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Leadership: The Science Behind Trusting Your Gut

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Imagine getting lost as you drive through an unfamiliar area late at night. You’re faced with a choice:  head down a dark road that hopefully leads back to the main highway or search for another option. Should you pay attention to the little voice in the back of your mind that tells you to backtrack because you’ve been watching too many crime shows on Netflix?

According to medical journalist Samantha Olson, you should definitely listen. In her Medical Daily article titled, “Your Gut Feeling is Way More Than Just a Feeling: The Science of Intuition,” Olson discusses the realities of this proverbial sixth sense that exists beyond the five we can measure. It’s a proven entity, and it’s ingrained in all of us.

We share the innate instinct to survive or escape from danger. To recognize when something isn’t quite right. To make an unexpected choice with compassion, even if it conflicts with the supporting data. Those gut feelings are indeed more than a passing subconscious thought, and there’s scientific research to back them up. We’d be smart to listen to that little voice, whether we are at home or in the office.

The Science

You might think “gut feelings” originate in the digestive tract, based on the name and that butterflies-in-the-stomach sensation you get before making a big decision. Michael Gershon, professor at Columbia University, talks about that concept in his book, The Second Brain. Gershon explains, “The gut has millions of nerve cells and, through them, a mind of its own.” While there is clearly a link, the signals that kick off an instinctive reaction or hunch actually start in the first brain.

In Samantha Olson’s article, she describes the “fight or flight” response that occurs when the brain tells our adrenal glands to flood the blood system with chemicals that quickly motivate us to take action. We may feel the emotional response in our gut, but the whole thing begins in our heads. The bottom line: these feelings are very real and deserve our attention. 

The Business Applications

Since the same dark roads exist metaphorically in the workplace, how can we learn to trust our gut when it comes to business? You can probably think of quite a few successful leaders who have been described as having great instincts and follow their hunches. That’s just another way of saying they trust their gut and leverage their natural intuition to help them make better business decisions. They pay attention to and follow the internal “nudge” that leads them to certain actions or choices.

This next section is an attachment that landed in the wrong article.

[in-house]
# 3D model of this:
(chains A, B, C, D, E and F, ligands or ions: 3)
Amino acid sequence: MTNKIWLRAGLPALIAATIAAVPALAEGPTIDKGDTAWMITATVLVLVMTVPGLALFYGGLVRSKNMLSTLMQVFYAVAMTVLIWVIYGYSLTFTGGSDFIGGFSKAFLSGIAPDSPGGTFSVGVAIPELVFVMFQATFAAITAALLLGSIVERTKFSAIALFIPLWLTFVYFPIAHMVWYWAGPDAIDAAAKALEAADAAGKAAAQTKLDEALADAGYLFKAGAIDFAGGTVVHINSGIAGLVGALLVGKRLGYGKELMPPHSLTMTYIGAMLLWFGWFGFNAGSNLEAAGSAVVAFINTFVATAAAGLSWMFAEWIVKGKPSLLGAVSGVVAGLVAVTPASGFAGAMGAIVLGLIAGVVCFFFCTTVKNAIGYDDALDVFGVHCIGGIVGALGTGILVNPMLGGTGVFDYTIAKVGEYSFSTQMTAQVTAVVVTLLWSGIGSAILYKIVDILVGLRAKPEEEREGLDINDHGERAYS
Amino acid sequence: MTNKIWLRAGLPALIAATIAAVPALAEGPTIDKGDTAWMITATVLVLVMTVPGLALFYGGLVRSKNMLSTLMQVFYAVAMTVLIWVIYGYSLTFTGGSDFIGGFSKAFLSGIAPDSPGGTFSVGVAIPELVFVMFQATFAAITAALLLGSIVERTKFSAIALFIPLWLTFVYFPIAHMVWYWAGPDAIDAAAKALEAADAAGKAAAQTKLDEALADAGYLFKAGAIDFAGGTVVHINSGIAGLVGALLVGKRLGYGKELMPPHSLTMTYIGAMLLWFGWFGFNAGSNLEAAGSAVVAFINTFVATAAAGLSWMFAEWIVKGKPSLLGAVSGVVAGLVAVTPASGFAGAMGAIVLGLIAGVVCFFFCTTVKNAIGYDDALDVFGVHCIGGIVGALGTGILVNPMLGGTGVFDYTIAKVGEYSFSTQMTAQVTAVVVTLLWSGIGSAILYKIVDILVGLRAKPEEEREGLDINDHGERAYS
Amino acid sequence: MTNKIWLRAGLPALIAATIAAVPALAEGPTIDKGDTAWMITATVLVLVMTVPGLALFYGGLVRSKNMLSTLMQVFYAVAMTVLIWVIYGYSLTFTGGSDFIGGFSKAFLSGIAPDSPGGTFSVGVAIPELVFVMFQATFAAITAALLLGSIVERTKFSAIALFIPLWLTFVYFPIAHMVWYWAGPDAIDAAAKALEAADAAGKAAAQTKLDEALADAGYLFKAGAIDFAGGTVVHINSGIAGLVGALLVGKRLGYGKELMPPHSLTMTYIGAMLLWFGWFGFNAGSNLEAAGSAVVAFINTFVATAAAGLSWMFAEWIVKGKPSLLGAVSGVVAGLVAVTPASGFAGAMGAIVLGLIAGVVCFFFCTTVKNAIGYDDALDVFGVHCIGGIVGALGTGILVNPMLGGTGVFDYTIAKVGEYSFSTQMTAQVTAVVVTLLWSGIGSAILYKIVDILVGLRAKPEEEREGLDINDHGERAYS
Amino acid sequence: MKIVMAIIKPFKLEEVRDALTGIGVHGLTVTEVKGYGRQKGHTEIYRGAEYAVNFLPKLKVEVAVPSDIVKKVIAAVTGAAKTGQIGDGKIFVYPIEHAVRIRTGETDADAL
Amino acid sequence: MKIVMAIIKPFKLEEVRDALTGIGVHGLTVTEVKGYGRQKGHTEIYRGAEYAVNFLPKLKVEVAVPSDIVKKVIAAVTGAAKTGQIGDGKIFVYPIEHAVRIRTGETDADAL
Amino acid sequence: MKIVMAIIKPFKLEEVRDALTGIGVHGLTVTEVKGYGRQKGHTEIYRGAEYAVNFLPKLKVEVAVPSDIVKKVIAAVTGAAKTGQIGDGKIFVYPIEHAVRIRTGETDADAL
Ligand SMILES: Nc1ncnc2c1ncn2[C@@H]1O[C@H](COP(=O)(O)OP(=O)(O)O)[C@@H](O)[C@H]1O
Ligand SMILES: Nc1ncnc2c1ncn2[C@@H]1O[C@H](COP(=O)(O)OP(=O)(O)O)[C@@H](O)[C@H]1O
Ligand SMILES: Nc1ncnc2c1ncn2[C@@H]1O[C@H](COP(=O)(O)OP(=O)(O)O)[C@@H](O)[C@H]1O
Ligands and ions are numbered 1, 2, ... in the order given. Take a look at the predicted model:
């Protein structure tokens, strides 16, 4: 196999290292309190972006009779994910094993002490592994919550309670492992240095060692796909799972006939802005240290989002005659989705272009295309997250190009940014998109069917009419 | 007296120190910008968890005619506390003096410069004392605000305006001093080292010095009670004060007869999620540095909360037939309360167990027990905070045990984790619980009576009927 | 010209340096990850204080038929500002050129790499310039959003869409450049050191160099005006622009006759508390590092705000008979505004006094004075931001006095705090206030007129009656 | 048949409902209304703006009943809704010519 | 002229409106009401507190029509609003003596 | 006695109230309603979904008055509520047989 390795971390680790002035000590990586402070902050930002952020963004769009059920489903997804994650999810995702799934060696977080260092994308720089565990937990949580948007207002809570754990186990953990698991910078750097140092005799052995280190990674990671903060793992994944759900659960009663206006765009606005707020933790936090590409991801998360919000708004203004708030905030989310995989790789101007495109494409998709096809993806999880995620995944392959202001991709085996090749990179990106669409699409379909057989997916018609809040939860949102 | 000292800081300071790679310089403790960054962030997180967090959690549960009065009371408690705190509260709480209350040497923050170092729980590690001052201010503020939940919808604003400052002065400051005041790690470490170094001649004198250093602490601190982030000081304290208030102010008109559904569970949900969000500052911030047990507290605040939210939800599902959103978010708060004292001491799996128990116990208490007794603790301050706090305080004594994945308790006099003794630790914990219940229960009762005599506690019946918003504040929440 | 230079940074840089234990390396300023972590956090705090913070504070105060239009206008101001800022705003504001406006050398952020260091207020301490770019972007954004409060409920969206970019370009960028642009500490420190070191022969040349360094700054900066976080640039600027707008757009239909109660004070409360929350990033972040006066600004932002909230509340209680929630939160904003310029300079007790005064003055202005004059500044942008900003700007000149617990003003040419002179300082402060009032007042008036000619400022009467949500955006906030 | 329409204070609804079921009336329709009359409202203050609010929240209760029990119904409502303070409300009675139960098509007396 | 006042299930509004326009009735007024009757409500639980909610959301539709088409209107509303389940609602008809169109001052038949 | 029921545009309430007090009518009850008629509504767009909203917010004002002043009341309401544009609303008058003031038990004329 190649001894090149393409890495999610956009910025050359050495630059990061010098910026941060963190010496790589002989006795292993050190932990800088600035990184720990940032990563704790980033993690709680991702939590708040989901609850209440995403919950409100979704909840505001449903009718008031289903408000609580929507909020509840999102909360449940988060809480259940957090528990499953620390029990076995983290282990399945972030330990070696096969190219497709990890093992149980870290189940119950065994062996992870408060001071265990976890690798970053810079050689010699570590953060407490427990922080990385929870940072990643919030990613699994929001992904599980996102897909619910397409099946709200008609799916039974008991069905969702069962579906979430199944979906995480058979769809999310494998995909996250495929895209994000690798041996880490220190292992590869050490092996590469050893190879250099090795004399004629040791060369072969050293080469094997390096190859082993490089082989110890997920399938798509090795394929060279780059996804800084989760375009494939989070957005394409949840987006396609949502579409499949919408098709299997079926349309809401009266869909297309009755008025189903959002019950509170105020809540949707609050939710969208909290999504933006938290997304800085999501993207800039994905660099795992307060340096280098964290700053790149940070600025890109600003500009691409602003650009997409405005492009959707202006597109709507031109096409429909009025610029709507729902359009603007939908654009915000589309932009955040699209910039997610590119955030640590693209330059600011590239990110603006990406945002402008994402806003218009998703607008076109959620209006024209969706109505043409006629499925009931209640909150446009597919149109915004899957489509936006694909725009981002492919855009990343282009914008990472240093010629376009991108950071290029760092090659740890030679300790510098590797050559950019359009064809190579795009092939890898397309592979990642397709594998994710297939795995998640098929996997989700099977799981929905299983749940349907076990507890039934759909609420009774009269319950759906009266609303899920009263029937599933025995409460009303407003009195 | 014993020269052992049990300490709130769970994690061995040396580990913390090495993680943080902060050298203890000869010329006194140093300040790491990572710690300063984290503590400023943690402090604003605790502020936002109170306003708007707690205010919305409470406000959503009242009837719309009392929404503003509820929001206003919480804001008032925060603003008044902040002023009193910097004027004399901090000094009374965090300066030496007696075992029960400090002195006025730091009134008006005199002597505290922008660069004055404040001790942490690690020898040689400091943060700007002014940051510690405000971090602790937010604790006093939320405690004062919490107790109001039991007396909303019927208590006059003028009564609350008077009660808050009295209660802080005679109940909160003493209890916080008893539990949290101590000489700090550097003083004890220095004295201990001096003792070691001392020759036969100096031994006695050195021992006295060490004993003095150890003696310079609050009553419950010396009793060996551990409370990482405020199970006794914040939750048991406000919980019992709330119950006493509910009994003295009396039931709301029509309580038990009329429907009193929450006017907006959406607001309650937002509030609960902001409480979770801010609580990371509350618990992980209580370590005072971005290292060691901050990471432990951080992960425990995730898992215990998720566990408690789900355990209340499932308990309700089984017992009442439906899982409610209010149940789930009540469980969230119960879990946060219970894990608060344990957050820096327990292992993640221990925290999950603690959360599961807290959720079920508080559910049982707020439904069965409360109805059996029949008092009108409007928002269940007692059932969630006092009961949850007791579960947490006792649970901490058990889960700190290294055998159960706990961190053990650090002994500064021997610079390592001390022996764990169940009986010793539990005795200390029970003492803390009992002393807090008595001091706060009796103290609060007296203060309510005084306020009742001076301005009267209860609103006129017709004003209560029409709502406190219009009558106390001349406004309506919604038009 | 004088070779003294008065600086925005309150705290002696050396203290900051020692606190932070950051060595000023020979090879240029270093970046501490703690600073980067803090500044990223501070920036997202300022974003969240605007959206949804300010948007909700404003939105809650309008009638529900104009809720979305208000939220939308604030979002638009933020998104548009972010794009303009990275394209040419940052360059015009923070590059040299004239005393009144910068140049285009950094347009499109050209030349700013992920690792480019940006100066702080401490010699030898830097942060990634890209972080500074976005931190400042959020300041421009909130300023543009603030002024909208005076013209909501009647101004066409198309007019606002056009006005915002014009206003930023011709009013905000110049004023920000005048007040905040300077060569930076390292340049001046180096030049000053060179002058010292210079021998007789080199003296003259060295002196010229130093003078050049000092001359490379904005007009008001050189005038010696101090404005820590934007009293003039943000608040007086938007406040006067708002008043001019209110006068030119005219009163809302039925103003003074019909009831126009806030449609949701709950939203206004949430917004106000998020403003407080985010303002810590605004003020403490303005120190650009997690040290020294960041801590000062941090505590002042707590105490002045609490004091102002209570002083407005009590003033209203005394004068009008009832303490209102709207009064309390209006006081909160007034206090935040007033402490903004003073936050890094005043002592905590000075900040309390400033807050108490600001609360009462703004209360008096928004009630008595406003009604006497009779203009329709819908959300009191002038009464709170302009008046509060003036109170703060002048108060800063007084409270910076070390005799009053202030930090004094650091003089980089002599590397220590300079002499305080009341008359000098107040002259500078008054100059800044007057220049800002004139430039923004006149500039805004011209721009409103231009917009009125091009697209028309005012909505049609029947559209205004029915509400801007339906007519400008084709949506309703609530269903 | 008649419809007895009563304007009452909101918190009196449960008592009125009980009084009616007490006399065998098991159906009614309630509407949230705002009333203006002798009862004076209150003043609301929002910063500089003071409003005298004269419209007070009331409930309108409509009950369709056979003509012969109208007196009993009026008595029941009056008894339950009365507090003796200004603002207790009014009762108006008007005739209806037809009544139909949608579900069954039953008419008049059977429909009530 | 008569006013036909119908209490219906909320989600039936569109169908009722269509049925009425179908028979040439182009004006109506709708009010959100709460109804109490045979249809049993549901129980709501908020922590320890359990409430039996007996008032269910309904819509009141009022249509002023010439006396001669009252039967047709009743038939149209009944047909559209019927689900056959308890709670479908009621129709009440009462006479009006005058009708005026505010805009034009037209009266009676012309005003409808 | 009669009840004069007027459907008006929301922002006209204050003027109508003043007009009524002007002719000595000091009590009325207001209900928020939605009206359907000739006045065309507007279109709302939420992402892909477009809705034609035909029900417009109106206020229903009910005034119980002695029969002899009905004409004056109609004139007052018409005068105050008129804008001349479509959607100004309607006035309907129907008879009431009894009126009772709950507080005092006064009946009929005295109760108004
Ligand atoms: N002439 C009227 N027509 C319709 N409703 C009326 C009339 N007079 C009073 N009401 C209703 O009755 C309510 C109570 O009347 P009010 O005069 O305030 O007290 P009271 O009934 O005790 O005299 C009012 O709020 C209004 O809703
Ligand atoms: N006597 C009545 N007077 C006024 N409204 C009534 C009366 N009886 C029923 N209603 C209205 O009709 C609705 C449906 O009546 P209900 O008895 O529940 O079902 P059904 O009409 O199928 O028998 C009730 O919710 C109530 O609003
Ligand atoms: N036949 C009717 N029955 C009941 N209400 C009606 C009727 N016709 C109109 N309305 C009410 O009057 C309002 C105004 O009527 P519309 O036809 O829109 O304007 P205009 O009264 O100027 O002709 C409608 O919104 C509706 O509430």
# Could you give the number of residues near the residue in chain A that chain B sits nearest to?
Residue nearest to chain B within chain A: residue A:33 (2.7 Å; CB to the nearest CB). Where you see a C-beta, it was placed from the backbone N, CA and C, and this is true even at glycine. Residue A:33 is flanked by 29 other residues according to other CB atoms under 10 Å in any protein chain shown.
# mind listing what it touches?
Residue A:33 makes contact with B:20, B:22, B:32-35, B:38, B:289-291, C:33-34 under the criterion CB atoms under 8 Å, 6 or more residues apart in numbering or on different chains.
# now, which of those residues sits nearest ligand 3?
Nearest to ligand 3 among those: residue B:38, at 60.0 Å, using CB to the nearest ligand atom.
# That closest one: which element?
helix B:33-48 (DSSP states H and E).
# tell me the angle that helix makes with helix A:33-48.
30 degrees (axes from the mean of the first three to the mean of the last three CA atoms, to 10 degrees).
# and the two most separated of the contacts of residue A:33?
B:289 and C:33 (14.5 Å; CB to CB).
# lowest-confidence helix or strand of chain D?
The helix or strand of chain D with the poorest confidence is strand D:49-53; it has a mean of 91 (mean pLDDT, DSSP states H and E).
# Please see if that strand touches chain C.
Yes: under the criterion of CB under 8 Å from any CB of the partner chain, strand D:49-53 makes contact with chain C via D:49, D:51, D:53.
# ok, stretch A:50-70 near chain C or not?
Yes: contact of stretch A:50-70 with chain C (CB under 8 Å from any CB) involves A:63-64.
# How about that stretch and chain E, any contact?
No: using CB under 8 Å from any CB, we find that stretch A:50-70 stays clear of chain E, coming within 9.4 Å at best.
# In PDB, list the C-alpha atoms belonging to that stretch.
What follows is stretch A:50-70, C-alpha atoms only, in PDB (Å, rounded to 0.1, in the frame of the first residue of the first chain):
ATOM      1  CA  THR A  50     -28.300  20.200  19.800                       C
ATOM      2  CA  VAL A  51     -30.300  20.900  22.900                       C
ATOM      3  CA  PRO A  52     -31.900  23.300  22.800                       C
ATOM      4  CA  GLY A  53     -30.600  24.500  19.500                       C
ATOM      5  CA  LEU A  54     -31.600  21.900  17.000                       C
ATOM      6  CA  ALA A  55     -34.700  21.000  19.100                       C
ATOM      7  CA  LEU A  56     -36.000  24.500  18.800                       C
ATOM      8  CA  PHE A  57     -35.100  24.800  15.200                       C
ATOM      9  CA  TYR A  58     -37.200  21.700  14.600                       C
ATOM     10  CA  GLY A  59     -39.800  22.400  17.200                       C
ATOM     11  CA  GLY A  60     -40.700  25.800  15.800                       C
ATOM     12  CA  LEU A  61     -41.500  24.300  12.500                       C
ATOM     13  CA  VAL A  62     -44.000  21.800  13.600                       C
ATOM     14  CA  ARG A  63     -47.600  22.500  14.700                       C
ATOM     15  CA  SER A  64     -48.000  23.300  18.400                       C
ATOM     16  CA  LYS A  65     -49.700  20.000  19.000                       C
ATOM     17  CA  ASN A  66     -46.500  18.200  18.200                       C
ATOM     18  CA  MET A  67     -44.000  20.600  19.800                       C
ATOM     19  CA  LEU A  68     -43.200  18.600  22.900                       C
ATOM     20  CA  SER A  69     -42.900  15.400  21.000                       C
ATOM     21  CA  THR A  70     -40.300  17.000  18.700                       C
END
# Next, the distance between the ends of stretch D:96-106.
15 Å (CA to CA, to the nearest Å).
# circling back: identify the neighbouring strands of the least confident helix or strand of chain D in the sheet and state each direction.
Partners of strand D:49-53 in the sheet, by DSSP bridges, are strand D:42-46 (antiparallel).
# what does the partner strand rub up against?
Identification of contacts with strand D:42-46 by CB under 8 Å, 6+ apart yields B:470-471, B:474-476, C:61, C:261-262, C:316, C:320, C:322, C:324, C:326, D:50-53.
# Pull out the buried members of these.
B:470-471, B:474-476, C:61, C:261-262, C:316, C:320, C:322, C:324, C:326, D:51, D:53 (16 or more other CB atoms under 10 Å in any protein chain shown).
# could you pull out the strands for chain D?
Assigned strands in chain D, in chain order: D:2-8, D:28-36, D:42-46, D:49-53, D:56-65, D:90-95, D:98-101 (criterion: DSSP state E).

Most people are familiar with that nudge, but they ignore it in a business setting for fear of being seen as impulsive or disruptive. Maybe you’ve observed a problem with your team but failed to do anything about it. Or you suddenly felt like a decision you were about to make was wrong, but looming deadline pressures silenced your inner objections. The gut says stop, but the mind says go. It happens to everyone at some point.

I’ll use myself as an example, since my recent experiences prompted me to write about this topic. I was participating in a meeting with someone who seemed focused on controlling the conversation. Whenever I spoke, he would interrupt. My gut screamed at me to just keep talking and not allow him to cut in, but instead I listened politely. As a result, I missed an opportunity to tell the group more about my business and the services I offer. I should have trusted my gut, but I didn’t.

Later that same week, I was meeting a client for lunch. He arrived at the restaurant before I did, and the hostess seated him at an indoor table in a dark corner. As soon as I saw him, my gut reaction was to ask if we might request a better table—preferably outside, since it was a beautiful day. Not wanting to seem picky or “high maintenance,” I ignored that instinct. Later that day, I reflected on our time together and realized the less-than-optimal setting was a real distraction. Again, I should have spoken up.

The Lesson

In a highly competitive business environment, we have all gotten used to basing decisions on piles of data. It’s tough to follow that little voice and make a recommendation that could very well lead to heated discussions. Speaking up and rocking the boat can be scary sometimes. I totally understand; the path of least resistance does have some appeal. But if you’re like me, you can think of times when you ignored a gut feeling and regretted it later. Listening to your gut can actually be a valuable strategy to help you avoid mistakes.

We each have hundreds of opportunities every day to speak up and ask for what we want. Here’s my challenge to you:  trust your gut. Don’t discount the inherent value of your own instincts. I hope you’ll pay attention to that voice inside, and find the courage to act accordingly.

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